Digital Navigator Grants Worth $4M to Help North Carolinians Gain Online Skills, Access

North Carolina organizations will get $4 million to help North Carolinians connect to high-speed internet, learn how to use digital devices, develop digital skills and enroll in the Affordable Connectivity Program, the N.C. Department of Information Technology (NCDIT) announced.

The funds are part of the state’s first initiative to provide digital navigators. The NCDIT Division of Broadband and Digital Equity made awards today for the state’s first digital navigator initiative to help people navigate the digital world.

“All North Carolinians need the skills to safely access the internet and its many resources,” said Governor Roy Cooper. “Digital navigators will provide local assistance to help more people learn to use the internet for health, education and jobs.”

The Office of Digital Equity and Literacy, a part of the Division of Broadband and Digital Equity within NCDIT, awarded grants to three major anchor institutions that serve every county:

  • State Library of North Carolina: Awarded $1.3 million to provide digital navigation services at libraries by hiring regional digital inclusion facilitators and a digital inclusion coordinator to assist participating public and tribal libraries statewide.
  • N.C. Community College System: Awarded $1.3 million to deploy trained digital navigators at 20 community colleges serving Tier 1 and 2 counties, create a Spanish and English version of the Digital Navigator Certificate, and recruit adults from communities most impacted by the digital divide to serve as digital navigators.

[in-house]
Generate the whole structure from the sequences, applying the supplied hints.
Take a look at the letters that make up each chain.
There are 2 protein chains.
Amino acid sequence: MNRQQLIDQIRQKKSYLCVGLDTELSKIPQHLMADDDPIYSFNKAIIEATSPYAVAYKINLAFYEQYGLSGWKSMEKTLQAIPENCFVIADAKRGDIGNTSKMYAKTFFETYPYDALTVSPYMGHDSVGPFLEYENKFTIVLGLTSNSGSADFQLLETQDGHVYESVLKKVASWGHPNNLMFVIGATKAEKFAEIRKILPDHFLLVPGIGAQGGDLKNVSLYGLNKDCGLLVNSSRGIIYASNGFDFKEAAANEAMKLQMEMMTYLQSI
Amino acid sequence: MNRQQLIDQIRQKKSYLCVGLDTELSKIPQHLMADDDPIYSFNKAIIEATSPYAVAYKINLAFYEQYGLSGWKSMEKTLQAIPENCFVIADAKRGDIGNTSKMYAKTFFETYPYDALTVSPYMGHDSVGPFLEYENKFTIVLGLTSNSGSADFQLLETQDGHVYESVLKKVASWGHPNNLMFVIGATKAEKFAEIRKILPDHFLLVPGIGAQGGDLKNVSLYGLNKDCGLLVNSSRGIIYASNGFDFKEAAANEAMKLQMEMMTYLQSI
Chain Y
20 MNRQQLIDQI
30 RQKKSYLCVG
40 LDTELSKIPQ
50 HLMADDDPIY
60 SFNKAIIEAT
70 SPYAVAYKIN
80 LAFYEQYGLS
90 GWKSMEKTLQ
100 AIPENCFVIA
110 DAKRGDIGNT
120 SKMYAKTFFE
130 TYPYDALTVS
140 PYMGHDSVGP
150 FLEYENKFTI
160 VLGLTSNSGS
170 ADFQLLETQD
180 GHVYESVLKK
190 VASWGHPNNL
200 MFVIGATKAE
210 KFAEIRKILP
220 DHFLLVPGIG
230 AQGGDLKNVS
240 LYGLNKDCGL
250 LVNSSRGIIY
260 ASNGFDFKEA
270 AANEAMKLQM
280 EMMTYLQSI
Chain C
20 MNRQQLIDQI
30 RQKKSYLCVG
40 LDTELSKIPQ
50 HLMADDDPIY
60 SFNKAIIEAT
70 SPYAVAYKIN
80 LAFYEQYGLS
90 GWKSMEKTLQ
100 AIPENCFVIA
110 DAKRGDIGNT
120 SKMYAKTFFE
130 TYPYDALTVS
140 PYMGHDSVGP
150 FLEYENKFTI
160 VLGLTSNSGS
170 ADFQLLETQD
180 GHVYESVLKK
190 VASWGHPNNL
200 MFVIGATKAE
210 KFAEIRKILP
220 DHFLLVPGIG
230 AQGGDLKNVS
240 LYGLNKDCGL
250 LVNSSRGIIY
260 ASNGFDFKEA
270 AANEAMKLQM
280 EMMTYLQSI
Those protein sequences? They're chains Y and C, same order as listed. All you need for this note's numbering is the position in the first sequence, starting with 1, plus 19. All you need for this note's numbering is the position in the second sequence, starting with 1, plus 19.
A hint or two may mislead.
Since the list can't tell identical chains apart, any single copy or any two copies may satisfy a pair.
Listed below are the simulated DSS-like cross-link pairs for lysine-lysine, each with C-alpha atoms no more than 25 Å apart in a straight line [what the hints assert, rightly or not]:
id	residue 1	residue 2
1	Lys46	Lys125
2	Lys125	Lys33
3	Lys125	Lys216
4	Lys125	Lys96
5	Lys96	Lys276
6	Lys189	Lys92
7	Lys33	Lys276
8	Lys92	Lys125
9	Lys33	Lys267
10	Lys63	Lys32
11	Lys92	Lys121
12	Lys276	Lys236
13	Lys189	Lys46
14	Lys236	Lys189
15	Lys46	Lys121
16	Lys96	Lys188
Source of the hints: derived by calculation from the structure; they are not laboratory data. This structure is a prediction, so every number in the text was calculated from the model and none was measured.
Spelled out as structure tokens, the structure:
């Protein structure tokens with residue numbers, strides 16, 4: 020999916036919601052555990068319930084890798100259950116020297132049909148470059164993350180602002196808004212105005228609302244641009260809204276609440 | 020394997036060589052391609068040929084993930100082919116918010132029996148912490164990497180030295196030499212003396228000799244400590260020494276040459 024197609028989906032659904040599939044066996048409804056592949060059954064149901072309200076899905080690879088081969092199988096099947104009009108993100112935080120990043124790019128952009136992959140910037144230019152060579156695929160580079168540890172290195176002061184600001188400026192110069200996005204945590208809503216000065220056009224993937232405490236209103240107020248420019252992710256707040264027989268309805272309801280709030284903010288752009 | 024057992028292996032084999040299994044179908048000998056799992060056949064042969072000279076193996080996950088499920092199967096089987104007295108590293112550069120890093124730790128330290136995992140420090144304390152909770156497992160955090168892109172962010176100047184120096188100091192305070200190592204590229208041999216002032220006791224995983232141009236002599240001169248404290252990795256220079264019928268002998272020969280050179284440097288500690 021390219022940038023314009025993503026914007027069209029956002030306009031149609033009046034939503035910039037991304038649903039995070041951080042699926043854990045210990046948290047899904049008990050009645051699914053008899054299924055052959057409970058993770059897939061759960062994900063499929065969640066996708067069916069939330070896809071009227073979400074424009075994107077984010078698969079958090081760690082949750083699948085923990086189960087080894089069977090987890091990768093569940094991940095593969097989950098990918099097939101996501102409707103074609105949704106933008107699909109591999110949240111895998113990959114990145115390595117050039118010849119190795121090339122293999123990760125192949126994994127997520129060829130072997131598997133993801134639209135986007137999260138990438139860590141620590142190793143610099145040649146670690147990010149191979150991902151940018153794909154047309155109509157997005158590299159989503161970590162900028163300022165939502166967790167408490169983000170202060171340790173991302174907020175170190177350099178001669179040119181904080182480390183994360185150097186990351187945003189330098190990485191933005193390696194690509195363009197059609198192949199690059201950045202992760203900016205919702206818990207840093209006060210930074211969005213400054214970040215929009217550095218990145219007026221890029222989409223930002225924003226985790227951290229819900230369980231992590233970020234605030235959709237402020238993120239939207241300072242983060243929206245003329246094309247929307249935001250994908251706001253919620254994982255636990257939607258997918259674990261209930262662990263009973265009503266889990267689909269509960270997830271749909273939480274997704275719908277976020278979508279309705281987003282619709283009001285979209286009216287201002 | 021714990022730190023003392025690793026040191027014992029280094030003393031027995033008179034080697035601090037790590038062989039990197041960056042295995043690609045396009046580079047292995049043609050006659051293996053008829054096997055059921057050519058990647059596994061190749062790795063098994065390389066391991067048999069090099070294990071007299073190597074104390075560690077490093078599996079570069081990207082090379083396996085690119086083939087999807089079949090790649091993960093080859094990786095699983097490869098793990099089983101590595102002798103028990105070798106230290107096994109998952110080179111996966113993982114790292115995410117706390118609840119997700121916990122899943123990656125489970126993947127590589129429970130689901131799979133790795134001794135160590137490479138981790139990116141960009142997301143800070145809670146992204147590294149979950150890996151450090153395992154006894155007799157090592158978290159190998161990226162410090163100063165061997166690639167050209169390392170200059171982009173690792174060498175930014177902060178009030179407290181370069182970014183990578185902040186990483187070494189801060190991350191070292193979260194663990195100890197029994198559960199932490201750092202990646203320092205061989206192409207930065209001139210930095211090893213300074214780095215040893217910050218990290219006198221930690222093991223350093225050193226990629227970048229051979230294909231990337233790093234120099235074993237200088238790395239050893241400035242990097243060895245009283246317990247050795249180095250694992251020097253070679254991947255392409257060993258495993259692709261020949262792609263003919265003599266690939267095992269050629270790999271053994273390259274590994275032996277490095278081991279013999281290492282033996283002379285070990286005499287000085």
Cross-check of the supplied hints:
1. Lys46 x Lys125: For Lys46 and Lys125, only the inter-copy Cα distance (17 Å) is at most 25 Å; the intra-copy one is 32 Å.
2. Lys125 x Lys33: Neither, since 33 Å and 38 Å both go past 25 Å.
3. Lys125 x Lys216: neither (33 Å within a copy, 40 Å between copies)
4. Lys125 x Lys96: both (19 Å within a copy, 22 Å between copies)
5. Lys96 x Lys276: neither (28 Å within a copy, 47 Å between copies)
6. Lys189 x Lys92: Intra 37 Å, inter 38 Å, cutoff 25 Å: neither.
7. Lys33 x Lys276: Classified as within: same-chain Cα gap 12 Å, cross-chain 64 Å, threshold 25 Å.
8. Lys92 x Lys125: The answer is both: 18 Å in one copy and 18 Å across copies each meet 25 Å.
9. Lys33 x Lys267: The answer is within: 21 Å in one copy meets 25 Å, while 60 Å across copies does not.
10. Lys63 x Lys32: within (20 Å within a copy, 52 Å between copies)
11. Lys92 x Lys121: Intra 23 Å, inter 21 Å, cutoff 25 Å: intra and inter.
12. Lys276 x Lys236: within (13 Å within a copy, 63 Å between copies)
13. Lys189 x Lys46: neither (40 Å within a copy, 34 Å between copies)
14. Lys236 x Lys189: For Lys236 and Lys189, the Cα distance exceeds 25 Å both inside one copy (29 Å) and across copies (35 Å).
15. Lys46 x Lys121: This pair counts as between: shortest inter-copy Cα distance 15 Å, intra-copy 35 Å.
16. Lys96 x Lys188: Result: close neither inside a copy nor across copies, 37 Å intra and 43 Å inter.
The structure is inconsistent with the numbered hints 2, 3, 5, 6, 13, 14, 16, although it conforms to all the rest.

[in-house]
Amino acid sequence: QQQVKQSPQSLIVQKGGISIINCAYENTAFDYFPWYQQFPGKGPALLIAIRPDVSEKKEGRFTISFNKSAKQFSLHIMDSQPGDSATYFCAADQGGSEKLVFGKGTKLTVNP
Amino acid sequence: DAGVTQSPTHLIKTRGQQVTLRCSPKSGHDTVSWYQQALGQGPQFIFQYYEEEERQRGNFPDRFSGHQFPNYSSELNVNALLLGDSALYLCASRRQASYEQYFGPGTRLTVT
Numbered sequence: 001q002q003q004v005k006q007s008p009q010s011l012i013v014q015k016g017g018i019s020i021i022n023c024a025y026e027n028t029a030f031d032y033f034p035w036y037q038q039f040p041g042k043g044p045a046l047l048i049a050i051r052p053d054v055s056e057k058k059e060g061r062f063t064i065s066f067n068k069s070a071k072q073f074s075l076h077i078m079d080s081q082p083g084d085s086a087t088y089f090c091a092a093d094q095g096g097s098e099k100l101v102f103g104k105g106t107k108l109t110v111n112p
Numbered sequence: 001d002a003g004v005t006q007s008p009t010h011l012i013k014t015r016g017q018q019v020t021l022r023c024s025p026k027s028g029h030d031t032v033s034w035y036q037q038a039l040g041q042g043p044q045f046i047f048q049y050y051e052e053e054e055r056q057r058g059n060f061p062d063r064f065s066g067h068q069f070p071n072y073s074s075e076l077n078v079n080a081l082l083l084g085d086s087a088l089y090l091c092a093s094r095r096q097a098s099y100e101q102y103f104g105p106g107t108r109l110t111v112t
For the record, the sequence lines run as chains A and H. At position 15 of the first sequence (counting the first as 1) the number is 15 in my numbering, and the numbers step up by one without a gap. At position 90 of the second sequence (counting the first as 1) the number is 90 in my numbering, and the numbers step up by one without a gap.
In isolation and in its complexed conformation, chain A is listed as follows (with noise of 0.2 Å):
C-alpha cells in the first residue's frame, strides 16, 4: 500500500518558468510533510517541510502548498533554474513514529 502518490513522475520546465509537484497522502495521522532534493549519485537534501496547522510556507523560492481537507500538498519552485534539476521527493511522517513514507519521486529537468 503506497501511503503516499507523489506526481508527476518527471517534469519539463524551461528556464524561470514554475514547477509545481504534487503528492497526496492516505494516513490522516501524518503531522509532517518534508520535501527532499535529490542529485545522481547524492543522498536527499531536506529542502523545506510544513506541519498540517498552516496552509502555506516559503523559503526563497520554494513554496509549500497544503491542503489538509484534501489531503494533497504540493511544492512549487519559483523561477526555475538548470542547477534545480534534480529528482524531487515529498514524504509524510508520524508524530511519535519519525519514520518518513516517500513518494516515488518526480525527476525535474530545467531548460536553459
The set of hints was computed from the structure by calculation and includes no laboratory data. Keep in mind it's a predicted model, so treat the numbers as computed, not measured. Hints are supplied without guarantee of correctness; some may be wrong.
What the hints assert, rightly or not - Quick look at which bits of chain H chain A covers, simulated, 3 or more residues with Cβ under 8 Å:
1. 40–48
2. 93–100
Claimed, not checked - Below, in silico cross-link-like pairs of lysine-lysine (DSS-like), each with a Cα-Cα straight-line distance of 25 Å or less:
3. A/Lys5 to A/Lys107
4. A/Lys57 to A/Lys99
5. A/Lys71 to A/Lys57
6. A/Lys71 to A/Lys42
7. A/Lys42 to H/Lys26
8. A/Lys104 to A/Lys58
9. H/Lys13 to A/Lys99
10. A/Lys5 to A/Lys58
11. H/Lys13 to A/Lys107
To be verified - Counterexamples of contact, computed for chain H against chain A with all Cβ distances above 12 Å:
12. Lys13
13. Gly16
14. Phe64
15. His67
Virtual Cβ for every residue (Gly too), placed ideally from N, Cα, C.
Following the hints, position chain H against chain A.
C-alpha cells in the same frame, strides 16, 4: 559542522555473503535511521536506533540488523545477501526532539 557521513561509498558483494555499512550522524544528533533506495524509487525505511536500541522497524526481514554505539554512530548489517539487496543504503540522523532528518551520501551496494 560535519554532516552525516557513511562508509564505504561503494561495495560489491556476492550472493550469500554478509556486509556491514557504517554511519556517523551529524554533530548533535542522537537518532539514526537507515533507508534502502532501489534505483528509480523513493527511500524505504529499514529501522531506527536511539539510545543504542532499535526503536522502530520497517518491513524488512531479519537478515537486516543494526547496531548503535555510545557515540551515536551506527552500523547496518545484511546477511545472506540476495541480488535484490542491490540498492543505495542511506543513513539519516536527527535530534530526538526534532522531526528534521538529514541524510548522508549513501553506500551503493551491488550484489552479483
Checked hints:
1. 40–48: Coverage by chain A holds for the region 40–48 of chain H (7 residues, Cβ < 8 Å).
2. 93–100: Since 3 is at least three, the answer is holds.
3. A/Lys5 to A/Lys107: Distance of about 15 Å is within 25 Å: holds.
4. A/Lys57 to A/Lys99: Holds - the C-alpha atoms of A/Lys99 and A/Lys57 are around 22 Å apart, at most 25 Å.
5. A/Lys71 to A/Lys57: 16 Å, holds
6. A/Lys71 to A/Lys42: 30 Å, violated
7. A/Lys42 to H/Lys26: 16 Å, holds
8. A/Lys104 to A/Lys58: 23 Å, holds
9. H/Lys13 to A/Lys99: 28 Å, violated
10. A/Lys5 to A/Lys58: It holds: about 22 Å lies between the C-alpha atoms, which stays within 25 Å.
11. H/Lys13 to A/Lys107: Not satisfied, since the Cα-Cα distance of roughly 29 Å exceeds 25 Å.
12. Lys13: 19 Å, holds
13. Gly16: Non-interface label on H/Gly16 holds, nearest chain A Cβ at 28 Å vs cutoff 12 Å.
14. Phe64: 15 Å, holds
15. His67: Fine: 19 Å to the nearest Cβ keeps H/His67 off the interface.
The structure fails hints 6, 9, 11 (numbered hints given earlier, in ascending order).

• N.C. Cooperative Extension: Awarded $1.3 million to hire digital literacy and skills extension agents in participating counties and train existing extension agents to host digital literacy and skills educational opportunities in their communities.

“Digital navigators play a pivotal role in helping communities across the state connect to the internet and engage in the modern economy,” said NCDIT Secretary and State Chief Information Officer Jim Weaver. “By partnering with these anchor institutions, we are creating meaningful digital literacy resources to help more North Carolinians on a one-to-one basis.”

The digital navigator initiative uses federal American Rescue Plan Act (ARPA) funds and encourages collaborative partnerships that positively impact all North Carolinians, including the aging; people who live in rural areas; veterans; households at or below 150 percent of the federal poverty level; individuals with disabilities; members of a racial or ethnic minority group; immigrants; individuals with a language barrier, including those who are English learners and/or have low levels of literacy; people who are LGBTQI+; and incarcerated individuals.

For more information about the NCDIT Division of Broadband and Digital Equity or Governor Cooper’s plan to close the digital divide in North Carolina, please visit